A program called Safe Streets enlists former convicts to battle neighborhood violence. Such programs are winning plaudits from police, mayors and the Justice Department, reports USA Today. The Johns Hopkins Bloomberg School of Public Health says the Baltimore program gets some of the credit for a 56 percent reduction in homicides in the Cherry Hill neighborhood in 2009 and 2010. The programs are modeled after CeaseFire in Chicago.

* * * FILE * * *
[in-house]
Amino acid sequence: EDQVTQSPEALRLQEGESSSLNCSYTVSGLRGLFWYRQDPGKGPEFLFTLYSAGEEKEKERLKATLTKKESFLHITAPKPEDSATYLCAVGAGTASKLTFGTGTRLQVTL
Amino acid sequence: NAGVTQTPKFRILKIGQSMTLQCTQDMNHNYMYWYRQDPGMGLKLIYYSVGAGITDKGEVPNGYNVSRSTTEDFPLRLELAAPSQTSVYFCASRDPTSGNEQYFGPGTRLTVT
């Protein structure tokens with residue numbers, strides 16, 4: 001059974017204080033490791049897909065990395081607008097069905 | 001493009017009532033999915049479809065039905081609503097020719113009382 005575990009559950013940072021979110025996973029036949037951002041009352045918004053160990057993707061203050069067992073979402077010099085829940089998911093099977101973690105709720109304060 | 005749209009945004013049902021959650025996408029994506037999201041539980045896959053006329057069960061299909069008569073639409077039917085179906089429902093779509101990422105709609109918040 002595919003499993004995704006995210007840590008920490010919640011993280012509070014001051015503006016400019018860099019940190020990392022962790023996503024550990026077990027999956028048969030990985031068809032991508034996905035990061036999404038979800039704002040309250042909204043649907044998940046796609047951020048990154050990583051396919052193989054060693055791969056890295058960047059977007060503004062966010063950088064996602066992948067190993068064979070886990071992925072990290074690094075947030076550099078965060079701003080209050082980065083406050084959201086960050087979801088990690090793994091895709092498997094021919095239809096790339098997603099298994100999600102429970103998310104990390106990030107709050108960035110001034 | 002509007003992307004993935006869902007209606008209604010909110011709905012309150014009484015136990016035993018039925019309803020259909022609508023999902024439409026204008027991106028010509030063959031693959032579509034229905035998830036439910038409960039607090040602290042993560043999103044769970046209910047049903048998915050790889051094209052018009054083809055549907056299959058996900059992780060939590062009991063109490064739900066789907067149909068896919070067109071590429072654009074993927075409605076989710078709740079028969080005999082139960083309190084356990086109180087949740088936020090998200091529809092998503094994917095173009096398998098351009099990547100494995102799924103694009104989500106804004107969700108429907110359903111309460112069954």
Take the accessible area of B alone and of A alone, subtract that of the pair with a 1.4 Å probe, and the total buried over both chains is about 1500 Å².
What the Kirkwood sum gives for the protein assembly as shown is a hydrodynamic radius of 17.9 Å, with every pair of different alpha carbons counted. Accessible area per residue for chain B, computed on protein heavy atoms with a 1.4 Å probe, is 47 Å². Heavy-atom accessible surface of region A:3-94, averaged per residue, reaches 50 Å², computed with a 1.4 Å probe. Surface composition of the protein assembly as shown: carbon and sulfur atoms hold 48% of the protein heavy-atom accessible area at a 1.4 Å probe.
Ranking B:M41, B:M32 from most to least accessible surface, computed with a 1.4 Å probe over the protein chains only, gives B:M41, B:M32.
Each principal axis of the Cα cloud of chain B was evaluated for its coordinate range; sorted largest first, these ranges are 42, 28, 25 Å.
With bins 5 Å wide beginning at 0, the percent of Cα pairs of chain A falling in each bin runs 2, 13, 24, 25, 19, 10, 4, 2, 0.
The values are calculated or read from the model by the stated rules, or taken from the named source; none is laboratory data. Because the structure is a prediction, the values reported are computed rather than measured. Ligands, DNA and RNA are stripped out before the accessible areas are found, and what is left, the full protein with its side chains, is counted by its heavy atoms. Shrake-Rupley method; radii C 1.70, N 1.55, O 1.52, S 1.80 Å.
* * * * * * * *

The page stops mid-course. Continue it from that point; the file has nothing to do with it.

Staffers scope out potential violence by being observant and keeping up with gossip. When they learn about a conflict brewing, they approach the people involved, get them talking, and steer them toward turnaround opportunities such as school or jobs. “The reason we have the ability to do what we do is we have the respect of the people on the streets,” says Gardnel Carter, 50, director of Safe Streets East, one of two Safe Streets branches in Baltimore. “The police department thinks Safe Streets works,” says the department’s Anthony Guglielmi. Last year, gun-related homicides in Baltimore were down 13 percent from 2000.